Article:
Real Organic Podcast

John Ikerd Part One: Industrial Food Can Never Be Sustainable

September 03, 2021 Real Organic Project Episode 28
Real Organic Podcast
John Ikerd Part One: Industrial Food Can Never Be Sustainable
Show Notes

#028: Agricultural economist John Ikerd walks us through the very intentional strategy of overproduction as a precursor to market takeover, as we've just seen with the organic milk glut and subsequent cancellation of contracts with close to 100 organic dairy farmers in the Northeast by Horizon/ Danone. He also explains why industrial farming, with its focus on profitability and efficiency, is in opposition to sustainable practices from the outset unlike small-scale family farming.

John Ikerd is an agricultural economist, livestock expert, and Professor Emeritus and the University of Missouri. His books include: Crisis and Opportunity Sustainability in American Agriculture; Small Farms Are Real Farms; Sustainable Capitalism; The Essentials of Economic Stability; A Return to Common Sense; and Revolution of the Middle and the Pursuit of Happiness.

To watch a video version of this podcast please visit:

The Real Organic Podcast is hosted by Dave Chapman and Linley Dixon, engineered by Brandon StCyr, and edited and produced by Jenny Prince.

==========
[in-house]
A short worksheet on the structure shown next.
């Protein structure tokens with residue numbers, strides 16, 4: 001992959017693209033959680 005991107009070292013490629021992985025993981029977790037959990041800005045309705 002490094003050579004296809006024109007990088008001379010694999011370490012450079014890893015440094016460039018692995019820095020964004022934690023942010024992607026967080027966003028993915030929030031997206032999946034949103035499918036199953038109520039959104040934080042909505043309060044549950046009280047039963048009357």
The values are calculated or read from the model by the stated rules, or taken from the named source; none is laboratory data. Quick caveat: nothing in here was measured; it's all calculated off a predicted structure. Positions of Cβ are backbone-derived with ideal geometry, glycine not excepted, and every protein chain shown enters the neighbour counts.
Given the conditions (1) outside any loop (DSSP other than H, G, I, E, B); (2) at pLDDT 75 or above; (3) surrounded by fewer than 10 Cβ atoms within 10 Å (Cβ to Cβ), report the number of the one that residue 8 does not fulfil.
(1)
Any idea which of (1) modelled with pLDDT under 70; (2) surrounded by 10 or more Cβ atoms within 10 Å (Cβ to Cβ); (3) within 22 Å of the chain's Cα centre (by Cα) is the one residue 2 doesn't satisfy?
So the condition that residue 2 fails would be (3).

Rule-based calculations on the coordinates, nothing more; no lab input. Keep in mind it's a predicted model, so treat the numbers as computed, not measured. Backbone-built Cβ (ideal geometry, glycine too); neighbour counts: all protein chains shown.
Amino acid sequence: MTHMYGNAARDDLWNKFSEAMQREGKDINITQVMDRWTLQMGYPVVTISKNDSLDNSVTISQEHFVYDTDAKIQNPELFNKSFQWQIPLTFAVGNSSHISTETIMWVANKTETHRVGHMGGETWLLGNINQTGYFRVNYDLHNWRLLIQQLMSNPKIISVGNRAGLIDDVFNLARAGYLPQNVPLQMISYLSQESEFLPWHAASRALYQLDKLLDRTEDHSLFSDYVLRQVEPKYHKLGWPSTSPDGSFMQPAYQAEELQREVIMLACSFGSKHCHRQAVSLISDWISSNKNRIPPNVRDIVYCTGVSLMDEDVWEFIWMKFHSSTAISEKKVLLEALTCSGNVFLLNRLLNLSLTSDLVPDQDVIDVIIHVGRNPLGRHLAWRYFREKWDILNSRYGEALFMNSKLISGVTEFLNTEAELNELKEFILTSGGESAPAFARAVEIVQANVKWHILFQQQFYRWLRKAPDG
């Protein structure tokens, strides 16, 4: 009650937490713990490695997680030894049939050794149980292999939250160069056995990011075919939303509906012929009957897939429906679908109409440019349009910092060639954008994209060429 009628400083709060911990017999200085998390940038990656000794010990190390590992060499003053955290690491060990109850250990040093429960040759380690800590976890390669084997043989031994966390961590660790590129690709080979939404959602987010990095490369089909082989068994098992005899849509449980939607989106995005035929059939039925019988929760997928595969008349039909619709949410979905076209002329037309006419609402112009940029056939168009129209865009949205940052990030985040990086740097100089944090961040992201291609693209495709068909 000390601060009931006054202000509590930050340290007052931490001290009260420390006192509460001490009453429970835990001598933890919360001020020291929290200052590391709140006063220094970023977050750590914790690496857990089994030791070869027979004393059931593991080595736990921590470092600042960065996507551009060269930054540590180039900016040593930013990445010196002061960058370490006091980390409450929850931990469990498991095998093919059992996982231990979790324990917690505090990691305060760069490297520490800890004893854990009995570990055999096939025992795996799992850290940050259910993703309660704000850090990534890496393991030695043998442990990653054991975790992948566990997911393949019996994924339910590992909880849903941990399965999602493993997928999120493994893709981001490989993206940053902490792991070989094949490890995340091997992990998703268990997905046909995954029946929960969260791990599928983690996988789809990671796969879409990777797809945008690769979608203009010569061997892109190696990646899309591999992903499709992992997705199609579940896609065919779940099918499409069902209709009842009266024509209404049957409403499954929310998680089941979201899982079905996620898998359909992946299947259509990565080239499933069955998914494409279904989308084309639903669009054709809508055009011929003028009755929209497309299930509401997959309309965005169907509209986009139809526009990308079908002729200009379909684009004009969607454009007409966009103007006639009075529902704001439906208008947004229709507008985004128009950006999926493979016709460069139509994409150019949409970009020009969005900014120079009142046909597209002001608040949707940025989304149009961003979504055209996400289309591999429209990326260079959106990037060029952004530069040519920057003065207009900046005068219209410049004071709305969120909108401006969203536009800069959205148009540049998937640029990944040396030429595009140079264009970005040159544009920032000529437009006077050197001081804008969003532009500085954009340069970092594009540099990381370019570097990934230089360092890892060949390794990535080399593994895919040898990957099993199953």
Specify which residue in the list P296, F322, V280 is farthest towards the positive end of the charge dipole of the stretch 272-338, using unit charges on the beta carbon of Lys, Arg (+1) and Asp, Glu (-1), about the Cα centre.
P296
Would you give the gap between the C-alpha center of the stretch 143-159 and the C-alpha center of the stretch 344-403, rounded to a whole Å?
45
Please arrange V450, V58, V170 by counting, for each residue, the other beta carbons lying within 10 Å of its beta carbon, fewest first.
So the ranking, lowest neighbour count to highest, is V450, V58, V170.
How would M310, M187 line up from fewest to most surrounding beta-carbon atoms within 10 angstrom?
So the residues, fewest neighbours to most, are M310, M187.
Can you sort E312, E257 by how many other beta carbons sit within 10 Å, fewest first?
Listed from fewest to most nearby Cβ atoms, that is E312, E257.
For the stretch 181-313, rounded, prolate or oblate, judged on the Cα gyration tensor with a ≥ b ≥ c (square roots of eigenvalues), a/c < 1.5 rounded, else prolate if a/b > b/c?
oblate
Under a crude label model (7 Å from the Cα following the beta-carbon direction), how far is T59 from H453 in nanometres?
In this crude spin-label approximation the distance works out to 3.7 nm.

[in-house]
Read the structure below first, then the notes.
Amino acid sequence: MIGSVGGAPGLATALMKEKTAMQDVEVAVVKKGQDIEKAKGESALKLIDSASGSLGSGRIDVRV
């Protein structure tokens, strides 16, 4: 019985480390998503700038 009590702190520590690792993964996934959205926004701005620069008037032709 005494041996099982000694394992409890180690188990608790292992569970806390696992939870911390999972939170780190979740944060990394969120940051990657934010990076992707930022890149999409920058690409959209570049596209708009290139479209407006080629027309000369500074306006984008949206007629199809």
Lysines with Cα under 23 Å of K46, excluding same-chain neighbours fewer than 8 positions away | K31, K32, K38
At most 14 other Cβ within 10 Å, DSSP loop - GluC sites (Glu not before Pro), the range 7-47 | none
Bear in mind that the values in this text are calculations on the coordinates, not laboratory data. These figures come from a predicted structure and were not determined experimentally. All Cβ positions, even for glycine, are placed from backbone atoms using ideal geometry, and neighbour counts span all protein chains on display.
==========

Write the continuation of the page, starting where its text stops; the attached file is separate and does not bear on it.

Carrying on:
The Real Organic Project is a farmer-led movement working towards certifying 1,000 farms across the United States this year. Our add-on food label distinguishes soil-grown fruits and vegetables from hydroponically-raised produce. It also identifies pasture-raised meat, milk, and eggs as compared to products harvested from animals in horrific confinement (CAFOs - confined animal feeding operations).

To find a Real Organic farm near you, please visit:

We believe that the organic standards, with their focus on soil health, biodiversity, and animal welfare were written as they should be. But the current lack of enforcement of those standards is jeopardizing small farms that follow the law. The lack of enforcement is also jeopardizing the overall health of the customers who support the organic movement; customers who are not getting what they pay for at market but are still paying a premium price. The lack of enforcement is jeopardizing the very cycles (water, air, nutrients) that Earth relies upon to provide us all with a place to live, by pushing extractive, chemical agriculture to the forefront.

If you like what you hear and are feeling inspired, we would love for you to join our movement by becoming one of our 1,000  Real Fans!

To read our weekly newsletter (which might just be the most forwarded newsletter on the internet!) and get firsthand news about what's happening with organic food, farming and policy, please subscribe here: